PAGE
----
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Comparative structural and evolutionary analyses predict functional sites in the artemisinin resistance malaria protein K13

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JournalScientific Reports
DateAccepted/In press - 3 Jul 2019
DateE-pub ahead of print - 23 Jul 2019
DatePublished (current) - 23 Jul 2019
Issue number1
Pages (from-to)10675
Early online date23/07/19
Original languageEnglish


Numerous mutations in the Plasmodium falciparum Kelch13 (K13) protein confer resistance to artemisinin derivatives, the current front-line antimalarial drugs. K13 is an essential protein that contains BTB and Kelch-repeat propeller (KREP) domains usually found in E3 ubiquitin ligase complexes that target substrate protein(s) for ubiquitin-dependent degradation. K13 is thought to bind substrate proteins, but its functional/interaction sites and the structural alterations associated with artemisinin resistance mutations remain unknown. Here, we screened for the most evolutionarily conserved sites in the protein structure of K13 as indicators of structural and/or functional constraints. We inferred structure-dependent substitution rates at each amino acid site of the highly conserved K13 protein during the evolution of Apicomplexa parasites. We found two solvent-exposed patches of extraordinarily conserved sites likely involved in protein-protein interactions, one in BTB and the other one in KREP. The conserved patch in K13 KREP overlaps with a shallow pocket that displays a differential electrostatic surface potential, relative to neighboring sites, and that is rich in serine and arginine residues. Comparative structural and evolutionary analyses revealed that these properties were also found in the functionally-validated shallow pocket of other KREPs including that of the cancer-related KEAP1 protein. Finally, molecular dynamics simulations carried out on PfK13 R539T and C580Y artemisinin resistance mutant structures revealed some local structural destabilization of KREP but not in its shallow pocket. These findings open new avenues of research on one of the most enigmatic malaria proteins with the utmost clinical importance.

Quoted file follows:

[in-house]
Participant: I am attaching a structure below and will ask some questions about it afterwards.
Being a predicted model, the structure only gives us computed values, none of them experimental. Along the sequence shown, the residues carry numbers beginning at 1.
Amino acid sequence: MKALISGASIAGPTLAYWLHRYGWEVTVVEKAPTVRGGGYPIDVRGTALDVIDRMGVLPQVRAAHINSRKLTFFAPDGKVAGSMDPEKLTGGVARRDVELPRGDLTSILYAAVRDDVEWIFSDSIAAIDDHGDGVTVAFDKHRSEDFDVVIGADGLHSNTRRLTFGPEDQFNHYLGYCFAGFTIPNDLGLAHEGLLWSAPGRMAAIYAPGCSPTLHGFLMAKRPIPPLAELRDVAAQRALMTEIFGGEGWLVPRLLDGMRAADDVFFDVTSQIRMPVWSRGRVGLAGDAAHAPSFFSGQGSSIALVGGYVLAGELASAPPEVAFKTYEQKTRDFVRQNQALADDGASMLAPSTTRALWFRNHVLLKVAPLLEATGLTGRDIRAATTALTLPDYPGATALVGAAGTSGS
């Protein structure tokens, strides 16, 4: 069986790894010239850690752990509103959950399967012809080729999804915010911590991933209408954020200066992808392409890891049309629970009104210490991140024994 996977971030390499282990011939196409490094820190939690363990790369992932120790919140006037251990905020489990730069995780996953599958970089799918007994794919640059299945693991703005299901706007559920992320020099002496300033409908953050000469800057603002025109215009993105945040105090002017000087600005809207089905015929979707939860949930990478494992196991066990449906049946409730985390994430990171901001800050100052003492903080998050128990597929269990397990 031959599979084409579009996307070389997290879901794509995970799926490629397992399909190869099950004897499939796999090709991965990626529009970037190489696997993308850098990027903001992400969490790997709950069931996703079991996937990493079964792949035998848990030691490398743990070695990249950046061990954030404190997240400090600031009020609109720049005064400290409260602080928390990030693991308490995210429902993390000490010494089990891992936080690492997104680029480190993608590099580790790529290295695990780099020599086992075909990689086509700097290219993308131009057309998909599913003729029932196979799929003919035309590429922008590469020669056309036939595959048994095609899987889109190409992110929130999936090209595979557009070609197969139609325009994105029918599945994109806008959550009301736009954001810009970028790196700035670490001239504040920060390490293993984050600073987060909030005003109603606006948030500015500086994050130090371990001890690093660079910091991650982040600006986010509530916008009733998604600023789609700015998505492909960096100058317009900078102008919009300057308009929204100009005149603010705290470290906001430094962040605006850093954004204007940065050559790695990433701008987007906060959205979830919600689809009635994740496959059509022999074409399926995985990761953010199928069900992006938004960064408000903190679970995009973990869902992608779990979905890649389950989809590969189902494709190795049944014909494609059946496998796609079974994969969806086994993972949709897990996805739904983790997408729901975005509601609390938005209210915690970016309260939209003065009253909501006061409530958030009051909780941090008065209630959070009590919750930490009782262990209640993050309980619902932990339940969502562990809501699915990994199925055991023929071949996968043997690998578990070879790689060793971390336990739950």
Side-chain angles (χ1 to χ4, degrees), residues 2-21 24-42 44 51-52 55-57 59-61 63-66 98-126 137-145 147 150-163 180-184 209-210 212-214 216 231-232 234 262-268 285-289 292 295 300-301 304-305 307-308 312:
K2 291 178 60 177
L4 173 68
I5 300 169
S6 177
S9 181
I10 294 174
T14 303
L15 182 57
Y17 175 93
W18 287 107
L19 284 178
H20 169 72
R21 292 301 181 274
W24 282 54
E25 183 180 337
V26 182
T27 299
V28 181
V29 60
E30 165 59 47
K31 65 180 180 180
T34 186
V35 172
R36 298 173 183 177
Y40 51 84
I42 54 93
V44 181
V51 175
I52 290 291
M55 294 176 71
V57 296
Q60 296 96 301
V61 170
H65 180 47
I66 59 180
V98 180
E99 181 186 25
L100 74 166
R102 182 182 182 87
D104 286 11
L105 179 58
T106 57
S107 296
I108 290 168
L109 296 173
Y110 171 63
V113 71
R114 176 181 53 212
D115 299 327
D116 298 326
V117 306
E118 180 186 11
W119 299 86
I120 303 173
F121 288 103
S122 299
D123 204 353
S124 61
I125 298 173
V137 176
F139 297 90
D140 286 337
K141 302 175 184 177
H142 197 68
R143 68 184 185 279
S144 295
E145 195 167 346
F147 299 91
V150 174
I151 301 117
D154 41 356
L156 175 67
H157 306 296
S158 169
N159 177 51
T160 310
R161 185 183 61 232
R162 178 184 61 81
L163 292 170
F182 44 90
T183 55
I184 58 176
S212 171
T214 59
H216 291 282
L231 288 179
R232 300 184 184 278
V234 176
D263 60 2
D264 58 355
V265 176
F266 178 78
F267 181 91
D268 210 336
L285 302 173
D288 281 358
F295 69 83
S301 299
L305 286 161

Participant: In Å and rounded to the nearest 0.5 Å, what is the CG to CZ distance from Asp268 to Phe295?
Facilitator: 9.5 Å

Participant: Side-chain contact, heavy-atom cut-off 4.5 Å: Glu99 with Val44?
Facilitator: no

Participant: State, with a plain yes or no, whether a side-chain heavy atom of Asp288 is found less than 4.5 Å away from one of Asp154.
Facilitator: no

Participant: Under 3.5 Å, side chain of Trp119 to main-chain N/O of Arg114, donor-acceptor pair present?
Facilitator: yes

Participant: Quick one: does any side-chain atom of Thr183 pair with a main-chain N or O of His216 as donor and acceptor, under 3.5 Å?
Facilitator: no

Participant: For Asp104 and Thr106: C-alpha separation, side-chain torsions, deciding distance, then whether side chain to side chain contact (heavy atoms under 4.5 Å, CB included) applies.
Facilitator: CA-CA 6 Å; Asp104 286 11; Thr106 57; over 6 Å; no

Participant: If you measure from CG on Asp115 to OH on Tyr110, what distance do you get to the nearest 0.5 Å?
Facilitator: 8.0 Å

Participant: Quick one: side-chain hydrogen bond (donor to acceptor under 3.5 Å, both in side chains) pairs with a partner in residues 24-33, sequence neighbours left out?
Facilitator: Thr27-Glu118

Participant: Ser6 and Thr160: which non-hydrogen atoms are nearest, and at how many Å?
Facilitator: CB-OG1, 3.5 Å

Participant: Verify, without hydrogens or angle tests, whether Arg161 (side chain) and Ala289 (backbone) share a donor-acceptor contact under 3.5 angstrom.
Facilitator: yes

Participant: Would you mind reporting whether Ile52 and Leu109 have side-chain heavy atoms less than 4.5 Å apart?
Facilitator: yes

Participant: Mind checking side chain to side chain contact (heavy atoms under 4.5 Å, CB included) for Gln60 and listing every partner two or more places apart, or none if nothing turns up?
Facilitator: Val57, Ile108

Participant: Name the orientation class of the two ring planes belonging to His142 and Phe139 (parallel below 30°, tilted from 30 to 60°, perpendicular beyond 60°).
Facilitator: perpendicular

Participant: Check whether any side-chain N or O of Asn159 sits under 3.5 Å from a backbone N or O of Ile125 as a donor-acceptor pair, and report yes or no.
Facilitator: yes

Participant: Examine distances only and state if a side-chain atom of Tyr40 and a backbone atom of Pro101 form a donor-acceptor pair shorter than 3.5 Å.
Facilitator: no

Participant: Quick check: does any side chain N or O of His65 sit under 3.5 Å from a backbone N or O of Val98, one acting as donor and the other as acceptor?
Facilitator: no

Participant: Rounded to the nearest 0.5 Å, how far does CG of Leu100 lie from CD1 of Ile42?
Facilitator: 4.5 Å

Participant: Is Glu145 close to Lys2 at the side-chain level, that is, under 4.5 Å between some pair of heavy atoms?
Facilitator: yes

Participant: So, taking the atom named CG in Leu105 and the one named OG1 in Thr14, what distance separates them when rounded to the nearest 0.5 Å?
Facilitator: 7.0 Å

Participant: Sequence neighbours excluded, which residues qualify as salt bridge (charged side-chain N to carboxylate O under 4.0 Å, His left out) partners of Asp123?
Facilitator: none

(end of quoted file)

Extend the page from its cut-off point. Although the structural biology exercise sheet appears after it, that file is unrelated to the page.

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© The Author(s) 2019

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